“Cloud Security: A Gathering Storm” was written by multiple authors all in the department of Computer Science at the University of British Columbia. The article gives an introduction to cloud computing technologies and security. One such example they bring up is that added level of security needed due to the virtualization needed in cloud computing. If one virtual machine is hacked then all of the others within the same network are at risk. The article is mainly focused on the software security of cloud computing. Software based CFI (control-flow integrity) is discussed as a way to make sure that enforcement mechanisms are not disabled or tampered with. The last topic they bring up, which is not often talked about in cloud computing, is the lack of user knowledge. Many people think that once they are on the cloud they have no steps to take on their own part to upkeep security.
“Design flaw in ‘secure’ cloud storage puts privacy at risk, JHU researchers say” was a web article released by Phil Sneiderman in April of 2014. The article highlights a flaw in which confidentiality of information could be lost while sharing information in the cloud. The key sharing used by many popular cloud storage companies had the business operating as a trusted third party. Through this the providers could access their customer’s information. This is a problem because it makes the providers a man-in-the-middle while users believe that the provider cannot see their information. To fix this problem they suggested an independent party serve the role of providing third party keys.
“Cloud Security: Reports slam data protection, national Internets, access myths” was an article written by Violet Blue of ZDNet. Violet reviews three papers provided by Google that attempt to cover cloud computing issues that enterprises face. The three biggest issues according Leviathan Security Group who helped Google with this project are availability, scarcity, and vulnerability. When it comes to availability it is suggested that you take advantage of different providers and have your data stored in multiple regions. This is mainly because of natural disasters and other large scale events. For availability they also suggest that there is no latency difference between having a local or a cloud database if they are both located two thousand miles away. They are critical of cloud computing when it comes to security, but they also claim that having local data actually takes more tools, training, and people to protect that data.
“Cloud Computing Security Case Studies and Research” was a paper written in 2013 on instances of cloud computing vulnerabilities being exposed. An example of a cloud computing hiccup occurred in 2008 when Google Docs suffered a software bug, resulting in corporate data being shared with users who should not have had permissions to access that data. Another example of an exploit found in a cloud environment was in 2011 when researchers working out of Ruhr-University Bochum ran into a cryptography hole in Amazon’s services. The book goes through plenty of examples like this that stem from the early days of cloud computing that can serve as examples of security flaws in the methodology.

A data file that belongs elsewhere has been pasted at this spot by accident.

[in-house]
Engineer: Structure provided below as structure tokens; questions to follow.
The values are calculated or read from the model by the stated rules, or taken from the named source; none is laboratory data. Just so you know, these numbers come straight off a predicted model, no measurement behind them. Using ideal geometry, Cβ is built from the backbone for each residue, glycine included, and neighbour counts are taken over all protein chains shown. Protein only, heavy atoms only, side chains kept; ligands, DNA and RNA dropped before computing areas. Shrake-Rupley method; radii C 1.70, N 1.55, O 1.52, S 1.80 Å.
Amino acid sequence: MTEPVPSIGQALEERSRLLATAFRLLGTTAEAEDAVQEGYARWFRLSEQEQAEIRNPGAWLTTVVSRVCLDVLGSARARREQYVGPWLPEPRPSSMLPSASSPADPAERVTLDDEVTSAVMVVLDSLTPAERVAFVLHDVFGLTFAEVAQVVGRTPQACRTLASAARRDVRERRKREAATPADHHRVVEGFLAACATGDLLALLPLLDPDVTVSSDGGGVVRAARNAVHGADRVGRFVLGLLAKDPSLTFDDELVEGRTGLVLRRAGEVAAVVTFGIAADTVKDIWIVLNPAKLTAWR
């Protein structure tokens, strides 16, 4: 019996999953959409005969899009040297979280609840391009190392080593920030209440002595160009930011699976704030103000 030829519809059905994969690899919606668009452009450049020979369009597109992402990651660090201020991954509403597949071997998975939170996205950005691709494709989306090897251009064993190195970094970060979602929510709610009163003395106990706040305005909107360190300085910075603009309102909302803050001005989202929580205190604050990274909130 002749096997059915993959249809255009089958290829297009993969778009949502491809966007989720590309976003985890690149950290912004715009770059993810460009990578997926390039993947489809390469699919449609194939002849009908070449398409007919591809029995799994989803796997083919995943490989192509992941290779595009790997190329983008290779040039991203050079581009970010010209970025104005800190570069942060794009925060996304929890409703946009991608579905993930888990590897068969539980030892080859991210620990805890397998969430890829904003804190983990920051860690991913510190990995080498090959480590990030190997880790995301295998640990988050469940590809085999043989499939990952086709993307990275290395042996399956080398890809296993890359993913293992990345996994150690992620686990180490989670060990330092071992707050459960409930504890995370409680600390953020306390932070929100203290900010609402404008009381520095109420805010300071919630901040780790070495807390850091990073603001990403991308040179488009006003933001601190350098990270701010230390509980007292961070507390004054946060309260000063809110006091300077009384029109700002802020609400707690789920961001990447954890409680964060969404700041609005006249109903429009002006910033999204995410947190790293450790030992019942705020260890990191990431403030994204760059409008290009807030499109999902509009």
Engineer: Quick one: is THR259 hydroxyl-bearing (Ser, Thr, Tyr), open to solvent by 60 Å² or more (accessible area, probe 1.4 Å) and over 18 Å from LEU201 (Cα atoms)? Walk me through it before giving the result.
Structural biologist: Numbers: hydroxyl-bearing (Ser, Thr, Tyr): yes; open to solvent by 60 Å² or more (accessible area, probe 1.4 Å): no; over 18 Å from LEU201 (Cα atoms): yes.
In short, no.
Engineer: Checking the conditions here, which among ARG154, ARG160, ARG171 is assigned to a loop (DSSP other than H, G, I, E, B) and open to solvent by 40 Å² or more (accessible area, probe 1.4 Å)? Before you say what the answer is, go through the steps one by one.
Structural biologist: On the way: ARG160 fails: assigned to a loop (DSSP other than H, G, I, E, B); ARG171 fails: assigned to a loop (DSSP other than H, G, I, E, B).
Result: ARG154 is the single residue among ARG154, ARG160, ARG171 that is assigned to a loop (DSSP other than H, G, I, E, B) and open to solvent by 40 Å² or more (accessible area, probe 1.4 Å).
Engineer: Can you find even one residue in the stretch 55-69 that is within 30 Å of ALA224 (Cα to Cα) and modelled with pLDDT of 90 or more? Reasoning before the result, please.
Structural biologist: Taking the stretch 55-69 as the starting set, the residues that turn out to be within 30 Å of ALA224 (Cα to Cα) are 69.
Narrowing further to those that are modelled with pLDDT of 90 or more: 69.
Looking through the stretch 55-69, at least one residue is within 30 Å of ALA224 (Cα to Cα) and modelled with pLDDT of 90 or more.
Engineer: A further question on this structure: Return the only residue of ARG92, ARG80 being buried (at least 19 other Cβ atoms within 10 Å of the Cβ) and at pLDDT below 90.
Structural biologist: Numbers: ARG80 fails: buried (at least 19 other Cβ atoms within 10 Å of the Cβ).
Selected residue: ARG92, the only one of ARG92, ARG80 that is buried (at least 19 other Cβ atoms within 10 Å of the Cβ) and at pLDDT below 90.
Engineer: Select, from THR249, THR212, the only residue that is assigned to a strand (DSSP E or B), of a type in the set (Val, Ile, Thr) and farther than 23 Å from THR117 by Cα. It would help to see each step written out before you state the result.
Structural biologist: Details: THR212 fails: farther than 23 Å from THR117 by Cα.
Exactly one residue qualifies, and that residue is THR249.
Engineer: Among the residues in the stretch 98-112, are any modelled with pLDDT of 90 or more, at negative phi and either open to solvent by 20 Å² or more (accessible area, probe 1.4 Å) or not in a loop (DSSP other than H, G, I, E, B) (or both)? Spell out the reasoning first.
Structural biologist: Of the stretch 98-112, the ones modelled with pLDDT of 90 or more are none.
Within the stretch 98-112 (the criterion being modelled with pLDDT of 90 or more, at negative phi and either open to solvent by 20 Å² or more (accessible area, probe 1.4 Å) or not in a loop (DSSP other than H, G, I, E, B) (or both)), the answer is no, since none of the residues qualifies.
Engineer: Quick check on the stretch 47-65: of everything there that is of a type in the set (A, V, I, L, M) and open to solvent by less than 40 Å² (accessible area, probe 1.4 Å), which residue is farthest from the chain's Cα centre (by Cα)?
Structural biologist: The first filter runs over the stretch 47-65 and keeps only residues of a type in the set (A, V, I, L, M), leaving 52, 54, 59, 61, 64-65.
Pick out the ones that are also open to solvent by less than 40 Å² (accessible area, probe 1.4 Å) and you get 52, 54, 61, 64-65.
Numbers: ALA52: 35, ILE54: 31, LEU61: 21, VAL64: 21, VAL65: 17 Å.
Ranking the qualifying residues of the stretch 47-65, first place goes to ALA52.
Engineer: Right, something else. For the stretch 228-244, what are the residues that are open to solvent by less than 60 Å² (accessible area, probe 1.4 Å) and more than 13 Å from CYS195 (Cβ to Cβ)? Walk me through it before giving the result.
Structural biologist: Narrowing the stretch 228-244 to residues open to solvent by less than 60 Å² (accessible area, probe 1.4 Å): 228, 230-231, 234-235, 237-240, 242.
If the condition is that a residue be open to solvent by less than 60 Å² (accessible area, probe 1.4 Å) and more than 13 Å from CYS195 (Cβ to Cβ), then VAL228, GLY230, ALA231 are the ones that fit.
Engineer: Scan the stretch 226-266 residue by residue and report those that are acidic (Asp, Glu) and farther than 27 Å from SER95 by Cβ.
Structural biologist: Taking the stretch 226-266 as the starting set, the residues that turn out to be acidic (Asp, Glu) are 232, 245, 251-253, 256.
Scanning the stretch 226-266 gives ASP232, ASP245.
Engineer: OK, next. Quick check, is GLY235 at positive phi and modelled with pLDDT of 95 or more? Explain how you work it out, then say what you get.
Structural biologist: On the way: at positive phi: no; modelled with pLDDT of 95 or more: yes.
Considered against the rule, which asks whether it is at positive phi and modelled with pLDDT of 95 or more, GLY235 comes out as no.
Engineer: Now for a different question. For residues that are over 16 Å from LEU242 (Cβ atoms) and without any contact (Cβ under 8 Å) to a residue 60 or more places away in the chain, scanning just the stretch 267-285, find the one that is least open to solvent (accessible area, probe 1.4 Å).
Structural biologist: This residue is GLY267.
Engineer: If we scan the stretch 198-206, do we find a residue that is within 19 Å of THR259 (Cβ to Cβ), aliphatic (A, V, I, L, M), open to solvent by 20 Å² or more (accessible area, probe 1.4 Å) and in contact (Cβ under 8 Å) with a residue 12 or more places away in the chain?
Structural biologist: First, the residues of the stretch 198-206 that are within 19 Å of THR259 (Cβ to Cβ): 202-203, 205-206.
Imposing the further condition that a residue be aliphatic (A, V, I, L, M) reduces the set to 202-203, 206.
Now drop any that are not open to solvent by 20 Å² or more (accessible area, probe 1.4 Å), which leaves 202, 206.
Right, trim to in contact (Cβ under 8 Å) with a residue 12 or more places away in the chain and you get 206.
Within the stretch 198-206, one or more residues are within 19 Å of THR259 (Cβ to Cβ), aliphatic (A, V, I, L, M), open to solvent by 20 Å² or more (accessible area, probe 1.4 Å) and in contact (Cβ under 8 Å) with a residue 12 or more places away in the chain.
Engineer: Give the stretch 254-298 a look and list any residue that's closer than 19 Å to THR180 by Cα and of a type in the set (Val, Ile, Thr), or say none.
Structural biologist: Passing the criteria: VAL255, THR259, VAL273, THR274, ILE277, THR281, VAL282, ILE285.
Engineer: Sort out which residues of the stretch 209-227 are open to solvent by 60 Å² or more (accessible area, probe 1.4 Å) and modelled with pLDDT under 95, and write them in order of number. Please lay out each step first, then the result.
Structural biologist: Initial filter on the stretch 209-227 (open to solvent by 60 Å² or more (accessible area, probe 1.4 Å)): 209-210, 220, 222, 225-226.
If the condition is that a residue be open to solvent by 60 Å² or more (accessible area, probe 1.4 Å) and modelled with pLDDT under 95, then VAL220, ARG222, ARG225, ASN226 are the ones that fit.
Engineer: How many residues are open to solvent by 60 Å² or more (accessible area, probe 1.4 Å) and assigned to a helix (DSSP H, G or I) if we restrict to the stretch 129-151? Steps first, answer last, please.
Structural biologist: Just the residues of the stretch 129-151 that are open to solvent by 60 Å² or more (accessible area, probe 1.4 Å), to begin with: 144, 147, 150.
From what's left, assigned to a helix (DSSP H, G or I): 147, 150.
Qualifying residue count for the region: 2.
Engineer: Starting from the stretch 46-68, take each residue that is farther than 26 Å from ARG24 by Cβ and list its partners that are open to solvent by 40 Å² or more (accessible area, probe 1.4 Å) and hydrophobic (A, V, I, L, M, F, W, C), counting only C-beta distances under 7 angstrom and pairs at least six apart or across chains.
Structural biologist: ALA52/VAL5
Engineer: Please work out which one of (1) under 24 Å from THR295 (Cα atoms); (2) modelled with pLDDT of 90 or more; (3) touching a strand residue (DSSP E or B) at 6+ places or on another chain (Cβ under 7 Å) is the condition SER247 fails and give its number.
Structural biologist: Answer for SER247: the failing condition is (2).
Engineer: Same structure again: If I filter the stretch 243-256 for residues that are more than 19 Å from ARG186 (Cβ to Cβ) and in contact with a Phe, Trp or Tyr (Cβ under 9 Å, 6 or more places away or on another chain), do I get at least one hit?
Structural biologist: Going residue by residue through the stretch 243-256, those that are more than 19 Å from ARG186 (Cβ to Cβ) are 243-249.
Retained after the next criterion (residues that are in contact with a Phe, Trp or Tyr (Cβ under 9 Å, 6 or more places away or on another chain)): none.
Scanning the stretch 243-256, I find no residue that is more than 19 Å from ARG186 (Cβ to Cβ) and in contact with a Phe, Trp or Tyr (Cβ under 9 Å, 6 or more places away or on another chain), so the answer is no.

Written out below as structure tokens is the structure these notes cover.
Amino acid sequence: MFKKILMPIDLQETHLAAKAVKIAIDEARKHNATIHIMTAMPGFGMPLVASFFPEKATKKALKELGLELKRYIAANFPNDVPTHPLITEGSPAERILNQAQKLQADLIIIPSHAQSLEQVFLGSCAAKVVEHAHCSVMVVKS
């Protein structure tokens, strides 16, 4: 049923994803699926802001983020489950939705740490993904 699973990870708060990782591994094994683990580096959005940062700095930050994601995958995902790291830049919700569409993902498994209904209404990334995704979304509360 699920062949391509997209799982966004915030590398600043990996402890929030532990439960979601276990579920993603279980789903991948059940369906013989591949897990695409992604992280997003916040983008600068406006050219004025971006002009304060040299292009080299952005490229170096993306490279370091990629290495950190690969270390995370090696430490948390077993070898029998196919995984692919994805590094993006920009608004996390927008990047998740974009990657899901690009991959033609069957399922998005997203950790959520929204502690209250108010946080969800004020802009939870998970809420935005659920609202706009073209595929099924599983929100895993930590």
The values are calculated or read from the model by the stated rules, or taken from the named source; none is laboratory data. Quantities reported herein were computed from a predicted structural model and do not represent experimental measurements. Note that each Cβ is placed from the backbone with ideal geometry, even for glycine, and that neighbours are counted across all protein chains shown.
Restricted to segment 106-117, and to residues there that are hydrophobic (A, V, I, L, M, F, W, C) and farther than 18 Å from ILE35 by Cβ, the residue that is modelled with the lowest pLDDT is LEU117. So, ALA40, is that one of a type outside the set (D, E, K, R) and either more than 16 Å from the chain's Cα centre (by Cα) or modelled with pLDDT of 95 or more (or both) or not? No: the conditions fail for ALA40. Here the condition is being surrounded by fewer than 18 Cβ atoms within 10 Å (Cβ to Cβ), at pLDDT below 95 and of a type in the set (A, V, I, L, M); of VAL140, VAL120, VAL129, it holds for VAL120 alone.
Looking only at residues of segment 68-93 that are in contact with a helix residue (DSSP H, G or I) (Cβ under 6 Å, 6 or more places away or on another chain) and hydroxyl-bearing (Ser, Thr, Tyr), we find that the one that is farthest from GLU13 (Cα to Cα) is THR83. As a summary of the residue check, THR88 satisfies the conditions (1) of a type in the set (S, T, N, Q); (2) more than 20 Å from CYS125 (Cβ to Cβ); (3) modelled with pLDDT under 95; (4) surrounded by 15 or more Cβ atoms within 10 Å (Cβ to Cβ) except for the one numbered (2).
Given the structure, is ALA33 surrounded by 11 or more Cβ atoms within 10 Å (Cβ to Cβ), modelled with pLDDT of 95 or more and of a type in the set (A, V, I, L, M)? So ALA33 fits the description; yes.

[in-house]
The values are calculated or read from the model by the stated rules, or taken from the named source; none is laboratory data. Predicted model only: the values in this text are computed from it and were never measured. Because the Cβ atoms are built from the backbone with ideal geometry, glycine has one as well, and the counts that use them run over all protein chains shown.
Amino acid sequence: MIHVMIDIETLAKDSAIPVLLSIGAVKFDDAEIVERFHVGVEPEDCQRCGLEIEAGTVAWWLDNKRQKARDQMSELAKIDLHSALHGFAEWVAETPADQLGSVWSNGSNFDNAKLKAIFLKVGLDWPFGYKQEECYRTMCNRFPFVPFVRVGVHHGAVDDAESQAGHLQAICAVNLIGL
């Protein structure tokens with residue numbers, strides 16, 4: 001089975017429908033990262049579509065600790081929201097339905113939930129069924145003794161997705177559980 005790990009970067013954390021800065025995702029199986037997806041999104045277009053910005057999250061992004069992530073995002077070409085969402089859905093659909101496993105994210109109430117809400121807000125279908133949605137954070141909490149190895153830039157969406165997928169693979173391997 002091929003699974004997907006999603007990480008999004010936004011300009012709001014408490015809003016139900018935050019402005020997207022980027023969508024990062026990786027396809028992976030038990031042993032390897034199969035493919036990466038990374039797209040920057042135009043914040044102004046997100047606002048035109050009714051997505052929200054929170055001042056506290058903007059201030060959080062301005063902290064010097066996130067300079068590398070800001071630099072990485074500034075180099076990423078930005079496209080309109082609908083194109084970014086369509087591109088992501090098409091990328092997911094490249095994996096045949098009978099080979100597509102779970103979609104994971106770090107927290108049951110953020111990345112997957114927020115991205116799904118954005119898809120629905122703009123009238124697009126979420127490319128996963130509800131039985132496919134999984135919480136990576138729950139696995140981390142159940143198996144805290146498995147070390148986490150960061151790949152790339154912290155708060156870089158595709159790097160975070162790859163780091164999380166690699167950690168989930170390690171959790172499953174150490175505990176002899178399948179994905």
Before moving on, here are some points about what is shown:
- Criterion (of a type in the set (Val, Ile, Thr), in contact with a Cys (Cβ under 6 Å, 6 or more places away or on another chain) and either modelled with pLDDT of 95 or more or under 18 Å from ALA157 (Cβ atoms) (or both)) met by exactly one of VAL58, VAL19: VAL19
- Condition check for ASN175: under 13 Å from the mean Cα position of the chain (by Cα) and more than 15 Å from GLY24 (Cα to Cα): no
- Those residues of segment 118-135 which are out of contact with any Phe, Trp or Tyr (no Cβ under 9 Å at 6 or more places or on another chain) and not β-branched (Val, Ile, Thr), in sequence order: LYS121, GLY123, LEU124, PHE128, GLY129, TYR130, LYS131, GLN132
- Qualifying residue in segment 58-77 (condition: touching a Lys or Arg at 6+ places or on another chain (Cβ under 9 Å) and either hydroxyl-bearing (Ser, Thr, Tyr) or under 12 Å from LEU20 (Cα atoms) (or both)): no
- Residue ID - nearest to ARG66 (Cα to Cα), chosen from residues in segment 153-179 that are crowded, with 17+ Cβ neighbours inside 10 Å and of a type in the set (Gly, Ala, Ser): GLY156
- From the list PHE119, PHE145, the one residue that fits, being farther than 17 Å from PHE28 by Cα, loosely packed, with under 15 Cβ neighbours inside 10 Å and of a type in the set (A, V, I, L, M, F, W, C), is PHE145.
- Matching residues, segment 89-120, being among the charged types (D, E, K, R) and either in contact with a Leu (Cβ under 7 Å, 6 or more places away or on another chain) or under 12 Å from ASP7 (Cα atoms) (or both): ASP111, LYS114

Current Development & Solutions
More and more companies today are adopting cloud computing because it is cheaper and more effective than their current solutions, or a more desirable solution to building more infrastructure(s). This solution, just like any other implemented in the IT world, has its ups and downs. One major down being that the old idea of perimeter security is now dead. Information is not simply tied to locations and objects. For this reason, as well as others, cloud computing is still growing and changing to cover its flaws and work more effectively for businesses and government. What people lose sight of is that the security of the cloud today depends every bit as much on policy and procedures as it does the technology that runs it.
With the birth of the cloud came the security concern of users connecting to corporate data over public networks on personal devices. How do you secure the data if it is being sent through an insecure network on a device that the company does not have control of? To answer this question, the weight of solving this issue fell upon the cloud providers themselves. They have, and continue to, improve the product so that it is secure when delivering and receiving data. The same way the HTTPS would allow someone to feel safer submitting an online form at Starbucks using open Wi-Fi. This endpoint protection can give companies some peace of mind and allow employees some freedom in accessing information where and when it is needed.